Bloomington wants new tax to boost tourism-WEB ONLY

The cost of a night on the town in Bloomington could go up if state lawmakers approve a bill calling for a 1-percent food and beverage tax to help expand the Bloomington/Monroe County Convention Center.

State Rep. Peggy Welch filed the measure late last week. If it passes, local officials also would have to approve the tax.

An analysis by the state’s Legislative Services Agency estimated a 1-percent tax in Monroe County would generate about $1.8 million in revenue next year and $2.5 million in 2011 if the increase takes effect Jan. 1, 2010.

Bloomington would get the bulk of that, since the state analysis said about 88 percent of Monroe County’s food and beverage establishments are in the city.

The bill would authorize the city and county to use the money for tourism and economic development projects. It also would establish a local advisory commission to coordinate such efforts.

On the wish list: a $27 million convention center expansion that has been discussed since 2004.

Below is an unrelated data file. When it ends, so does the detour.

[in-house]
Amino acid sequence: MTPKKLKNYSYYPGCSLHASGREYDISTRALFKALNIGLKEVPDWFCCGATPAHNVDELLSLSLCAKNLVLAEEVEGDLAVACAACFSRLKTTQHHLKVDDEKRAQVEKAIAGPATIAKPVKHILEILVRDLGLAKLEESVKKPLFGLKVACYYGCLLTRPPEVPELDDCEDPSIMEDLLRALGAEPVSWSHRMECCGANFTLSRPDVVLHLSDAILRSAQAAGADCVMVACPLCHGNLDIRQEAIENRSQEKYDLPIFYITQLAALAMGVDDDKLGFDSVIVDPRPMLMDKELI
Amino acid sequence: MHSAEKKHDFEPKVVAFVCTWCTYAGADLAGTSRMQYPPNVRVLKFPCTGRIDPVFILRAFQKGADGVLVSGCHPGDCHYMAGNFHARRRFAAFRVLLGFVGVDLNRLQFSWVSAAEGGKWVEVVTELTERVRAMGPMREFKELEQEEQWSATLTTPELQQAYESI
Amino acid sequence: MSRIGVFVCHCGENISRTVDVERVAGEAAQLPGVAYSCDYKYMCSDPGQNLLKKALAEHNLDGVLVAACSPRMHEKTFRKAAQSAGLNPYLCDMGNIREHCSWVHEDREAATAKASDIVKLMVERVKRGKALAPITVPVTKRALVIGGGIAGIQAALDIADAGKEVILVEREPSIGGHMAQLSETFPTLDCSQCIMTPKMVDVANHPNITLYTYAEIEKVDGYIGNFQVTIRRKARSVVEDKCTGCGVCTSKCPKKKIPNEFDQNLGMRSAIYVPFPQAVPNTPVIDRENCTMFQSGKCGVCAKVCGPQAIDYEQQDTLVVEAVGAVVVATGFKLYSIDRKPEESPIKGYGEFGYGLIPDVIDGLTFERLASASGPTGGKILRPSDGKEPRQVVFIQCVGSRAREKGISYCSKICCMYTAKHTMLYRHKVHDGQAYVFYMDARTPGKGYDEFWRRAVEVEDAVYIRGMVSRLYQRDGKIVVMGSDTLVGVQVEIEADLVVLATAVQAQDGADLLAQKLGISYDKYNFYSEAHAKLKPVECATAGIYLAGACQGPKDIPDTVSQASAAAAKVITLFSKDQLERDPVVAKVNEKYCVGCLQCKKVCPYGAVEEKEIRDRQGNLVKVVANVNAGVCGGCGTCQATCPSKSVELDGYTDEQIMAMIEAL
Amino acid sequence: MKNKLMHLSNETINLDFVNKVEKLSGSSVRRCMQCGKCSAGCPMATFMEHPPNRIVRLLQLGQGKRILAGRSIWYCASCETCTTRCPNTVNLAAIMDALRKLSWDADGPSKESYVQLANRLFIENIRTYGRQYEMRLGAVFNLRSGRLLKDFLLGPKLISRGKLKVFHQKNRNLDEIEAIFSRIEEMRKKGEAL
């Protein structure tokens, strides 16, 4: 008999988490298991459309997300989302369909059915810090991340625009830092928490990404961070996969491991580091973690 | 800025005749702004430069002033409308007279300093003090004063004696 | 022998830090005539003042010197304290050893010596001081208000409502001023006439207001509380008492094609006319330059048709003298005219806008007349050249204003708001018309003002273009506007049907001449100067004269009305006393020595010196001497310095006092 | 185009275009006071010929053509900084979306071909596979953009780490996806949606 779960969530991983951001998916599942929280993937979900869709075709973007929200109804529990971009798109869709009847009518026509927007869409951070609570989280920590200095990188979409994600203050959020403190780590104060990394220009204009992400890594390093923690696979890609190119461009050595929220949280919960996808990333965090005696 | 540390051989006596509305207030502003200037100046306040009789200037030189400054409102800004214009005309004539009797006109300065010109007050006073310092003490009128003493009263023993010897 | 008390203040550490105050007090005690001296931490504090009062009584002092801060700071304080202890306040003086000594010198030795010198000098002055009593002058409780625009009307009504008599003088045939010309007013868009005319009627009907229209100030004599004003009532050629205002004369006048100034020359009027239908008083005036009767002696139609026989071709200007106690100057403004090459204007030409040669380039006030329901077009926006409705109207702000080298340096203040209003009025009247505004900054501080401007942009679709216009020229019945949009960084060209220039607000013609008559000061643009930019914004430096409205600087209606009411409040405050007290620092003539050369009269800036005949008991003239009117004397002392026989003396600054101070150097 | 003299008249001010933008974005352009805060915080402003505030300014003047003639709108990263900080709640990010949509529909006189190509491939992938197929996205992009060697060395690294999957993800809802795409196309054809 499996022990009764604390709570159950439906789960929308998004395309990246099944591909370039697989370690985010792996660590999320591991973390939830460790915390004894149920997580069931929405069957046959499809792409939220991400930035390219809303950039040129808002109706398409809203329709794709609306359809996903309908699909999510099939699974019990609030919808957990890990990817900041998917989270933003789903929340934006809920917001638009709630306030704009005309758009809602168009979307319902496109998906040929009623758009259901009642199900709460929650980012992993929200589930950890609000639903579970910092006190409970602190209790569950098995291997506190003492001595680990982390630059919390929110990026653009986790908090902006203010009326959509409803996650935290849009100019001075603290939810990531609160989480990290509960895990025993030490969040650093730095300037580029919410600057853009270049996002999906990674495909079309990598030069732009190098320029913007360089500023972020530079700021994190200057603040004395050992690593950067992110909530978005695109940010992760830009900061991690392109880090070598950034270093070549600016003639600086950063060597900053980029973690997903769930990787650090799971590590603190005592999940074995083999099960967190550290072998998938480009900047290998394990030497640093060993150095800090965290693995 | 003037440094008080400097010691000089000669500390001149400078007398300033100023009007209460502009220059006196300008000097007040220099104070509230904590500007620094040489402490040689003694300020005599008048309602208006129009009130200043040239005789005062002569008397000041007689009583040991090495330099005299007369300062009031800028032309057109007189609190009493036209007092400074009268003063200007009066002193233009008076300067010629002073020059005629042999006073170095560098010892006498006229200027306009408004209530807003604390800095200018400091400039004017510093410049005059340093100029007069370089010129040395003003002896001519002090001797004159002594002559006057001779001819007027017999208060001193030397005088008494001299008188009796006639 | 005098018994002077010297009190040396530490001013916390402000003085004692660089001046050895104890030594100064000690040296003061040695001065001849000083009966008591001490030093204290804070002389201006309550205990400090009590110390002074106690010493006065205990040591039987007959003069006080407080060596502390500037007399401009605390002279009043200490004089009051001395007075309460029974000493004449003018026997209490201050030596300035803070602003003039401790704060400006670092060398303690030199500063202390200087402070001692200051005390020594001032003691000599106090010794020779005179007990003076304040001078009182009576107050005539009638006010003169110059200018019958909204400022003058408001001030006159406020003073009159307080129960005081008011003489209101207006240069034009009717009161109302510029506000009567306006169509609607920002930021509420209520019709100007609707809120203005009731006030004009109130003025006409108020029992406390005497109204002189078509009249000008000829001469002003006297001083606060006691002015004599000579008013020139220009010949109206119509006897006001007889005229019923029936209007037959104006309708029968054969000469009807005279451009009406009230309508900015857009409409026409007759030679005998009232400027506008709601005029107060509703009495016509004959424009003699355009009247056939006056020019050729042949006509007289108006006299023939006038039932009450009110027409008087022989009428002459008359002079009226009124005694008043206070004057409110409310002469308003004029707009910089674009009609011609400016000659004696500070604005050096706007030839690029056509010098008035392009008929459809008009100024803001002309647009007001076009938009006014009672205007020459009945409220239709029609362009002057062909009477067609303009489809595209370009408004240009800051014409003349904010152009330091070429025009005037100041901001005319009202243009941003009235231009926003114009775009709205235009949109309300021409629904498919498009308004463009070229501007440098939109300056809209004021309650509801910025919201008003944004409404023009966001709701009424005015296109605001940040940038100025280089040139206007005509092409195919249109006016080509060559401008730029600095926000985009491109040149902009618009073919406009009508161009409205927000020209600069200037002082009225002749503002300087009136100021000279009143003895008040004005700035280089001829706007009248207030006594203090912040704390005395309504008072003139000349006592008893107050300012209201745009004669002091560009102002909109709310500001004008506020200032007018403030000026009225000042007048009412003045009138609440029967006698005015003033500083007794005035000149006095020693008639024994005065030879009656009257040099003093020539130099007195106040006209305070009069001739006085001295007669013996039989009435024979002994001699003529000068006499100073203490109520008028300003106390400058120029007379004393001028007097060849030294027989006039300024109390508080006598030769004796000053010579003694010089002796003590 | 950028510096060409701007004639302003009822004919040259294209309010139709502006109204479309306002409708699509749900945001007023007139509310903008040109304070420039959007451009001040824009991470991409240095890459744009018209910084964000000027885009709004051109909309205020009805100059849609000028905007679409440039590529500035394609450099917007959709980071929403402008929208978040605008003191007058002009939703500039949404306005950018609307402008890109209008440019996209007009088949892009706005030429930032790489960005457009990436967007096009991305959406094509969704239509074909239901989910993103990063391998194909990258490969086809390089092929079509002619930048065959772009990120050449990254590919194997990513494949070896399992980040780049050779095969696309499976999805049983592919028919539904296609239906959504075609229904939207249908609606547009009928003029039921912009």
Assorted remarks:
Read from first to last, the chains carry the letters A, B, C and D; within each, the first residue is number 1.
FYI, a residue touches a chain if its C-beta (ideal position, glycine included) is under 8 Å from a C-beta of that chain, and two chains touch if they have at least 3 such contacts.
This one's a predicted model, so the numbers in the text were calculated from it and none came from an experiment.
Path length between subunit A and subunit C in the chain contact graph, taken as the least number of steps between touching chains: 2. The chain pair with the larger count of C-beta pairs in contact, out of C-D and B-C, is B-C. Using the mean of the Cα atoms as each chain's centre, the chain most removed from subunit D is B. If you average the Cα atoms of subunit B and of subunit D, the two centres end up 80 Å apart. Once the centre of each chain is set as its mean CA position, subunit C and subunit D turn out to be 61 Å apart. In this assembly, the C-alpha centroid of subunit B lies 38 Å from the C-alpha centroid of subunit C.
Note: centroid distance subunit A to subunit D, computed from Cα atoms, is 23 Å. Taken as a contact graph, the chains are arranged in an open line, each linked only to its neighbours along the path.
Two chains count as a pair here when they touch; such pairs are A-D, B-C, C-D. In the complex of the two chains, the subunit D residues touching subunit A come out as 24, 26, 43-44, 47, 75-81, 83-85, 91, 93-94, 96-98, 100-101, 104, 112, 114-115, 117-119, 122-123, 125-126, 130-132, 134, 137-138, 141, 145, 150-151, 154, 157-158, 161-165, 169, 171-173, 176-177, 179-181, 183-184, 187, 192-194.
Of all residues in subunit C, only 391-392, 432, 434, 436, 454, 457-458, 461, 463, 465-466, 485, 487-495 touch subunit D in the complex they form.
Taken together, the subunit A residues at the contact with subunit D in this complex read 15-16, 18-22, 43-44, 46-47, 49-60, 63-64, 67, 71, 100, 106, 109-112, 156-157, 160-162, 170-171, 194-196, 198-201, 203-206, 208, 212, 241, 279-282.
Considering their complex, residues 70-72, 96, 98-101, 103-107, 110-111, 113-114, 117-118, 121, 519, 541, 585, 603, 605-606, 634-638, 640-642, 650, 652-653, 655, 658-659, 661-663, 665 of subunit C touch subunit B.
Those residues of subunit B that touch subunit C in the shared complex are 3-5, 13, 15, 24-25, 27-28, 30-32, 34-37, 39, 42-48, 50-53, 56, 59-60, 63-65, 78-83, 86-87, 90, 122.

Expanding the center to 100,000 square feet from its current 42,000 could result in a $17.6 million increase in annual visitor spending, according to Downtown Bloomington Inc. – light years ahead of the $4 million or so it generates now.

“Bloomington already has such a vibrant downtown, we want to continue highlighting what we have to offer groups,” said Talisha Coppock, executive director of the downtown group.

If the expansion goes through, at least two hotels are expected to pull the trigger on new locations nearby, Coppock said.

Monroe County already has an innkeeper’s tax, which generates about $600,000 per year, but its two previous efforts to authorize a countywide food and beverage tax did not make it out of the General Assembly.

About a dozen Indiana cities and counties collect food and beverage taxes, according to the Indiana Restaurant Association. Many of them are in central Indiana, where a 2005 tax increase helped to fund construction of Lucas Oil Stadium and expansion of the Indiana Convention Center.

Lake County officials also are considering a food and beverage tax – to fund public busing in the northwest Indiana community.

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